Listed 88 out of 90 on Money magazine list. Ranked high in arts and leisure, short commute.
By Nicole Radzievich Of The Morning Call
Bethlehem doesn't have the priciest homes, droves of well-paid professionals or the skinniest residents. But 15-minute commutes, lots of public golf courses nearby and safe streets make it a great place to live.
Money magazine's new nationwide ranking of best cities with populations between 50,000 and 300,000 puts Bethlehem among the Top 90 finalists — but barely. Bethlehem ranked No. 88, while no other Pennsylvania city made the list.
''Bethlehem ranked very high in the arts and leisure, the ease of living and the [short] commute,'' said Donna Rosato, one of five Money writers who worked on the project. ''Bethlehem is a very historic city, and that just comes out [when you look at its] cultural attractions.''
The ranks were culled from a list of 745 communities based on population and other benchmarks such as jobs, housing and entertainment. As opposed to last year's list of best suburban places to live, this year's list focused on small cities.
The analysts found Fort Collins, a Colorado town with roots as a military post, as the best place to live because of its great schools, low crime rate and high-tech jobs. Also among the top cities are Naperville, Ill., Sugar Land, Texas, and Columbia, Md.
When compared to the other finalists, Bethlehem receives about 10 inches more rain a year and 135 fewer bars within a 15-mile radius. The median price of a home in Bethlehem is $149,900, nearly $107,000 cheaper than the others. However, the price of Bethlehem homes grew by 16.7 percent from 2004 to 2005, compared to the average of 9.4 percent among the finalists.
Bethlehem's commute time is about five minutes faster than the average of the other finalists. And it has six more golf courses — 79 — within a 30-mile radius.But its body mass index — an indicator of body fatness using height and weight — is 28; the finalists' average is an index of 27. And if Bethlehem Steel — once the city's biggest employer — had still been operating with tens of thousands of jobs, Rosato said, Bethlehem may have ranked higher among the finalists.
The city has lost what was once the nation's No. 2 steelmaker. But it is also known as the Christmas City, drawing tourists who want to tour a community founded in the 18th century by Moravians. The city features five historic districts on the National Register, and is connected to the former Delaware & Lehigh Heritage Corridor.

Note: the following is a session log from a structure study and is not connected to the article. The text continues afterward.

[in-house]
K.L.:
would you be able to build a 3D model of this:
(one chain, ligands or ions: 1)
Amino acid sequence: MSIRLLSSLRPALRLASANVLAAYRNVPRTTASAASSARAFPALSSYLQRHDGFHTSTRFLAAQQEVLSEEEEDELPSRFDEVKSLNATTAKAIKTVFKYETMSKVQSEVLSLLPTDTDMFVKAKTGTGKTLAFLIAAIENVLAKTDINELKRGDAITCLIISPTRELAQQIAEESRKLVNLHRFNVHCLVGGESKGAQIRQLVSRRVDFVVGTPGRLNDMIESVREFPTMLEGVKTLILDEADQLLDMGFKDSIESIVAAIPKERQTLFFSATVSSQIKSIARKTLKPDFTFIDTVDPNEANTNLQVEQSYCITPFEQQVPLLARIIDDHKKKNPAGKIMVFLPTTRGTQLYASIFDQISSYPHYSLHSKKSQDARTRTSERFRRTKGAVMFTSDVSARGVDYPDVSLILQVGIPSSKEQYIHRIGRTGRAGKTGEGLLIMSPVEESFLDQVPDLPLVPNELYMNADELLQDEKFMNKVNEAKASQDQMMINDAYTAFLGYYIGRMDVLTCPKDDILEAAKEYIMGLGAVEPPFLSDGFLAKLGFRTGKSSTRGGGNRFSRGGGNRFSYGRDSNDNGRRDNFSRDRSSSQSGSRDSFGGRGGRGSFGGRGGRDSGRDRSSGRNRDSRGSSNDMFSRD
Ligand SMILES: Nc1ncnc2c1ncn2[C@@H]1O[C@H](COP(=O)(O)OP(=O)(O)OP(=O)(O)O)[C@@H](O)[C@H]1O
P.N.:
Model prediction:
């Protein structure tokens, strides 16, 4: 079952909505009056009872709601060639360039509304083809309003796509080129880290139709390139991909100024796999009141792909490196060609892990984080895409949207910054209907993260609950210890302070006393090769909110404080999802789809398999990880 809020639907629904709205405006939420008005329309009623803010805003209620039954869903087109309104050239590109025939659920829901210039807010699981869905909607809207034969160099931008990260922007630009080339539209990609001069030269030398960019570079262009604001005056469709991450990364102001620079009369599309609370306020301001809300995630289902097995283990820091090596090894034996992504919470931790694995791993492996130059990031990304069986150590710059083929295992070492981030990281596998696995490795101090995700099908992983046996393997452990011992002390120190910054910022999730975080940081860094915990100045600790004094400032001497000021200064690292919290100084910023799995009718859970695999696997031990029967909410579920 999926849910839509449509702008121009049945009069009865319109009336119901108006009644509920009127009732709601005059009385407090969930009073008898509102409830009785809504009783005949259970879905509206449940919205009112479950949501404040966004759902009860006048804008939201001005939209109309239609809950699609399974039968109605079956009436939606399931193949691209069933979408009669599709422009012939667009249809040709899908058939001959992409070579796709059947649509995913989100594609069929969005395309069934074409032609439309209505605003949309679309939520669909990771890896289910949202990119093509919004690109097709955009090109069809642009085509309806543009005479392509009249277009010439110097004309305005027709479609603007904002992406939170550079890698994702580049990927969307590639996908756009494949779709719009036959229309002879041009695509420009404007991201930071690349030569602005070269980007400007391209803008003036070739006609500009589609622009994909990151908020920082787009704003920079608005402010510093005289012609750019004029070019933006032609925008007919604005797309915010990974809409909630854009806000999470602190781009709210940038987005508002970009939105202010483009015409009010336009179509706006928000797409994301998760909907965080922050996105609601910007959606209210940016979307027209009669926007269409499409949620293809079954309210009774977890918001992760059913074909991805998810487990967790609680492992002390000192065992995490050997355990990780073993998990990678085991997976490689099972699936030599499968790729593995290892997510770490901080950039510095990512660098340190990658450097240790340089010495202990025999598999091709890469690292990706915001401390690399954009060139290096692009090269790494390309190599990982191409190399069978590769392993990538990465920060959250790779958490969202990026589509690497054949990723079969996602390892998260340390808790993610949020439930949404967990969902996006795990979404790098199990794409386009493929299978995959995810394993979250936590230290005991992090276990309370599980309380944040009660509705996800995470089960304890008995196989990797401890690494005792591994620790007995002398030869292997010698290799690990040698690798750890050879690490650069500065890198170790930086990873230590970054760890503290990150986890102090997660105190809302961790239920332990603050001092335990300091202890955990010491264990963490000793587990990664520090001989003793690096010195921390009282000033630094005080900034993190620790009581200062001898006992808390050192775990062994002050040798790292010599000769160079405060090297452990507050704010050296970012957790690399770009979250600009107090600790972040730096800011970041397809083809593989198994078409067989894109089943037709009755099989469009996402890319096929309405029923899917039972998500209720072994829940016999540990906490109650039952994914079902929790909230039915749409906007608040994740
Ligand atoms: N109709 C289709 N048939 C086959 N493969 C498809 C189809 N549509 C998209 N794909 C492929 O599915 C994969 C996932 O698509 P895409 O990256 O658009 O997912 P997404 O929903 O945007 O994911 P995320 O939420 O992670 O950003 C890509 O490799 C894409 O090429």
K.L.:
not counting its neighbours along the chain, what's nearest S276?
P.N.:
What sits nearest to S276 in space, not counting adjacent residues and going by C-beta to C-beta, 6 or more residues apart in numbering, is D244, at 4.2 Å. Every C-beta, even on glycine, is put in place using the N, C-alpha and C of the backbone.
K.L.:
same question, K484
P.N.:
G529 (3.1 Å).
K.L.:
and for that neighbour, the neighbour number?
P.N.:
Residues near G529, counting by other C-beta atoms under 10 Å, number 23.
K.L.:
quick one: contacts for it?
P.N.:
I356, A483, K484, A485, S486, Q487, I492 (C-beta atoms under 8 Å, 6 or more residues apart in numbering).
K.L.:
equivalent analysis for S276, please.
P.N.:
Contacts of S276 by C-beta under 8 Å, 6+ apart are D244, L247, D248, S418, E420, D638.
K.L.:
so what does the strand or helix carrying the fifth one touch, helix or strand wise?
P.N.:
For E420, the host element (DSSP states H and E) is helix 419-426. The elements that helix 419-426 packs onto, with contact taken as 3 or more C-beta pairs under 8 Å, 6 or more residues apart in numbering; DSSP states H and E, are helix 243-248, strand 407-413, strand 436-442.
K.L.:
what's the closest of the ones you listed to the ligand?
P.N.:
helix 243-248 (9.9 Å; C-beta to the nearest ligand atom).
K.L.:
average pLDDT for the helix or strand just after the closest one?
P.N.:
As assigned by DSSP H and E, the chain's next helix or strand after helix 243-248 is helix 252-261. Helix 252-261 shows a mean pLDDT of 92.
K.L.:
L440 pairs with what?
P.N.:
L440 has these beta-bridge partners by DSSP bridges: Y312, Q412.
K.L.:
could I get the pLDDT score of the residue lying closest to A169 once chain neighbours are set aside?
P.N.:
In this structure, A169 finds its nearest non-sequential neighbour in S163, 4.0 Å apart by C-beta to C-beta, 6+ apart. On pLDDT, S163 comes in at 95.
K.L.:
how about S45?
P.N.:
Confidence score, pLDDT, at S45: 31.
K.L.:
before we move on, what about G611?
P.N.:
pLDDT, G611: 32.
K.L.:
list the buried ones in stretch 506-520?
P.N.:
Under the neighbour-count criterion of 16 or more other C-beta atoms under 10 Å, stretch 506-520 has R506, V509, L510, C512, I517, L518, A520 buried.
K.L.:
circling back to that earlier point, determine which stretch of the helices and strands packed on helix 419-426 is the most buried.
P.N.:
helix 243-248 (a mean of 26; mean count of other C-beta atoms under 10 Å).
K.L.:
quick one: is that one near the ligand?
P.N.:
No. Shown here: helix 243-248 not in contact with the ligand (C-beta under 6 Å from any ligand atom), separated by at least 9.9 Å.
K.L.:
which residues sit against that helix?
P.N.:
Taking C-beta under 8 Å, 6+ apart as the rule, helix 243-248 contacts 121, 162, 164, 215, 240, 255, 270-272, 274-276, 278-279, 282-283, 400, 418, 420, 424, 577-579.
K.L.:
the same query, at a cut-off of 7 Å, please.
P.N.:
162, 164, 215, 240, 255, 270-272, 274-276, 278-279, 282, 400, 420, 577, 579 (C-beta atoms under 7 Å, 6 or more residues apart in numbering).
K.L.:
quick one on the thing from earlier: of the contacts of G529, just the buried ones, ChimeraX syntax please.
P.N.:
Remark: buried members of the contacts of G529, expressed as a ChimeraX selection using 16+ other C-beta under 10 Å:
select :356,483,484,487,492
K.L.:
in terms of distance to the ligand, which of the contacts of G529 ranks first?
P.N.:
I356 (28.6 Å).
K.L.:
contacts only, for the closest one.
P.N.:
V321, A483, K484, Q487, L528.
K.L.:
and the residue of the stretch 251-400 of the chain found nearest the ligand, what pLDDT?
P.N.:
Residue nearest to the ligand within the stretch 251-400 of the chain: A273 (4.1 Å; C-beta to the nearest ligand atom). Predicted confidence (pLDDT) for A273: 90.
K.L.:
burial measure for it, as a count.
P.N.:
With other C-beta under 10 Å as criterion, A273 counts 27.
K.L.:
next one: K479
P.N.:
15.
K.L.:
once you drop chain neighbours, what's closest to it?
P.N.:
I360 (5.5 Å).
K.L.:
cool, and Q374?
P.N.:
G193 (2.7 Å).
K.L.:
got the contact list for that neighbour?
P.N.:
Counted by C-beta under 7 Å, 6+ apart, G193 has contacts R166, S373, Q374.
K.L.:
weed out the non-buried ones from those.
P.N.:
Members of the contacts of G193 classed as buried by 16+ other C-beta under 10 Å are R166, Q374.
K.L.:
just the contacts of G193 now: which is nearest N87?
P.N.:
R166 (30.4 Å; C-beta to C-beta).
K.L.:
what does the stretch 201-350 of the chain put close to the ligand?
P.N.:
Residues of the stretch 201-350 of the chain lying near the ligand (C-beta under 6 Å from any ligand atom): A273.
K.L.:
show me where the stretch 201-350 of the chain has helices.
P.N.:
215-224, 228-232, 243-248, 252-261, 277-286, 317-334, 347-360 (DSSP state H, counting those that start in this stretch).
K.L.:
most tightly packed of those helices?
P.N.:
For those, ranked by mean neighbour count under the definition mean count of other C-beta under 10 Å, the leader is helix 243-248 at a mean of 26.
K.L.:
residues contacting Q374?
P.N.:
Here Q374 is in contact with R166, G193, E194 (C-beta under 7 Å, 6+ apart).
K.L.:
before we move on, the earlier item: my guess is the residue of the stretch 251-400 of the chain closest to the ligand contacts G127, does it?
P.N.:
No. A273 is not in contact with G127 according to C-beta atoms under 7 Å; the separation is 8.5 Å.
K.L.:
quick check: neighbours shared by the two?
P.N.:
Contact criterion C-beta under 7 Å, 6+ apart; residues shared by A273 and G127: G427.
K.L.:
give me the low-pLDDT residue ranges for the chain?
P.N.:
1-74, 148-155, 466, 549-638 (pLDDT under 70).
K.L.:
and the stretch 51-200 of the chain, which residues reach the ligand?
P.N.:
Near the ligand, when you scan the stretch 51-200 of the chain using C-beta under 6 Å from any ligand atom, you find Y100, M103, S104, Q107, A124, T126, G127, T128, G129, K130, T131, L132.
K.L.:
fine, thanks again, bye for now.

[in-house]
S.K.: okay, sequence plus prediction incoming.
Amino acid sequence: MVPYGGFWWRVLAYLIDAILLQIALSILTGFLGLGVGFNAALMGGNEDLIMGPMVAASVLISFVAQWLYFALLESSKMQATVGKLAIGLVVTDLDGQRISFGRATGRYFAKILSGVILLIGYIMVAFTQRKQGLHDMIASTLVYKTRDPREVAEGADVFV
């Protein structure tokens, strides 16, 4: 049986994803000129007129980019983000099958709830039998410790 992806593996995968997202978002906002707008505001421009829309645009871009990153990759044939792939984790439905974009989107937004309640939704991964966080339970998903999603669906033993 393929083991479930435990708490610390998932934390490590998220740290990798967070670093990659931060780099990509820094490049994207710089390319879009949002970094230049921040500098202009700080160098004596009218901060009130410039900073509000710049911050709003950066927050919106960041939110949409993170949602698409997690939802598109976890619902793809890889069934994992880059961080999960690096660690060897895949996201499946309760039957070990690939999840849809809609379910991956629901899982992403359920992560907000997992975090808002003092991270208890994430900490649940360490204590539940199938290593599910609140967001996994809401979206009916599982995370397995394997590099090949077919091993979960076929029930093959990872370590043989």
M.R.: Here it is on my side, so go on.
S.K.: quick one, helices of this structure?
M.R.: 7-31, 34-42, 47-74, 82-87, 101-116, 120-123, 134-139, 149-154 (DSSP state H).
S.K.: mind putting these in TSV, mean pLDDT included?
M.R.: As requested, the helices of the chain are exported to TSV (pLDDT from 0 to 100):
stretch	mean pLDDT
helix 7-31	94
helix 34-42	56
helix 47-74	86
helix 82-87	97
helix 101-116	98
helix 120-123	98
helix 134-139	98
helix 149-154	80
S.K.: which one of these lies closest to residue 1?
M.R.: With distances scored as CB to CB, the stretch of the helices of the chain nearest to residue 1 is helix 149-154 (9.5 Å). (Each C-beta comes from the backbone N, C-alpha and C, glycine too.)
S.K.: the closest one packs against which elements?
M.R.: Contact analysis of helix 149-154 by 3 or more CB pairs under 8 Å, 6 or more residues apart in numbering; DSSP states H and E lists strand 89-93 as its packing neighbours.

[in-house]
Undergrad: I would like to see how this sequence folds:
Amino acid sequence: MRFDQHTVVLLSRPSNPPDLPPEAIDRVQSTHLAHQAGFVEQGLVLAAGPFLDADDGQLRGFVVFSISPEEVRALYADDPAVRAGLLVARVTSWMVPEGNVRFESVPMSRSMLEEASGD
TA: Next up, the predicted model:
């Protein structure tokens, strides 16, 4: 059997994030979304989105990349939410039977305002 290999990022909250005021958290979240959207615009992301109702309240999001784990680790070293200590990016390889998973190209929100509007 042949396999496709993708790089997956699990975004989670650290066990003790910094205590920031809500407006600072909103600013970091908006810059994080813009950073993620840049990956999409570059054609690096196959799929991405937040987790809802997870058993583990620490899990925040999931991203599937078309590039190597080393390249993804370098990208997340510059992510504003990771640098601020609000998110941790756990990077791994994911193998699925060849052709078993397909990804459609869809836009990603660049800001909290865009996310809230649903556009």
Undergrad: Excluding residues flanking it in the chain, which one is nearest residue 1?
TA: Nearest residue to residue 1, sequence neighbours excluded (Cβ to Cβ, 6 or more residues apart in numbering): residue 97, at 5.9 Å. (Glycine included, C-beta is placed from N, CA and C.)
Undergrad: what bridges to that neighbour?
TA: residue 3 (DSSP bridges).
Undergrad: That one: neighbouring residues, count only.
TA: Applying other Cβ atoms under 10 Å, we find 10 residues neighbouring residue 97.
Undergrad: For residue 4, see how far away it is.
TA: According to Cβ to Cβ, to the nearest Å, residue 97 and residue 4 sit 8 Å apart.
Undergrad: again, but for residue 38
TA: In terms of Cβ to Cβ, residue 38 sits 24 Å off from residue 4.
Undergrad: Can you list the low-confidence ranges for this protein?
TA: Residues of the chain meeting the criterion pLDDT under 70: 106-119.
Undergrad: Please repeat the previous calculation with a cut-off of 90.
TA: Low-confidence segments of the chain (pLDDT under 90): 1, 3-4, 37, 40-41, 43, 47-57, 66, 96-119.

Former Mayor Gordon Mowrer talked up the city's amenities, such as the towpath running along the city's historic downtown and Victorian lights dotting the streetscape. Those draws — including close proximity to the New Jersey shore and theaters in New York City — persuaded the councilman to spend his life in Bethlehem.
At 70, Mowrer has watched the city change from a blue-collar town dominated by Bethlehem Steel town to one with a more diversified economy complete with cafes, upscale boutiques and gourmet restaurants.
''In the past, there was this illusion that Bethlehem was a dirty town. When the Steel closed, everyone thought the city would go bankrupt because no one would be able to live here,'' Mowrer said ''The truth is that Bethlehem is nicer now than it's ever been. Now, we are getting the recognition.''
It's not just the history; it's culture. People are drawn to the offerings that Moravian College and Lehigh University bring to town. The Bach Choir is world renowned, and the masses turn out at the 10-day celebration of the arts called Musikfest.
Linda Harris, a lifelong city resident, said she stayed in Bethlehem all her life because she can get ''a big-city feel in a town where a lot of people know your name.''
''I like the fact that in the summer, I can walk to Musikfest and take in some of the shows,'' Harris said. ''I like the restaurants. I like the fact that I have a job only a few miles from my house.
''After hearing friends rave about Bethlehem, Sandra Melendez decided last year to leave her New York City home for Bethlehem.''The price of living — food, housing, clothing — I can't find it cheaper than here,'' said Melendez, who rents a home off Atlantic Street. ''Look at all the green. I have a tomato garden that I love. I'm not moving.''
Bethlehem Mayor John Callahan said the ranking is a coup for a city that is overcoming a ''rust belt'' image.
While the recognition is something Callahan takes pride in, he's not settling for No. 88. The only finalists ranked lower than Bethlehem were Portland, Maine, and Fayetteville, Ark. Allentown was considered but came up short. Easton wasn't in the mix because its population is less than 50,000.
''We wanted to become a model for mid-sized urban America, and we're there. We're on the list,'' Callahan said. ''But we've got room to improve.''
Article courtsey of the Morning Call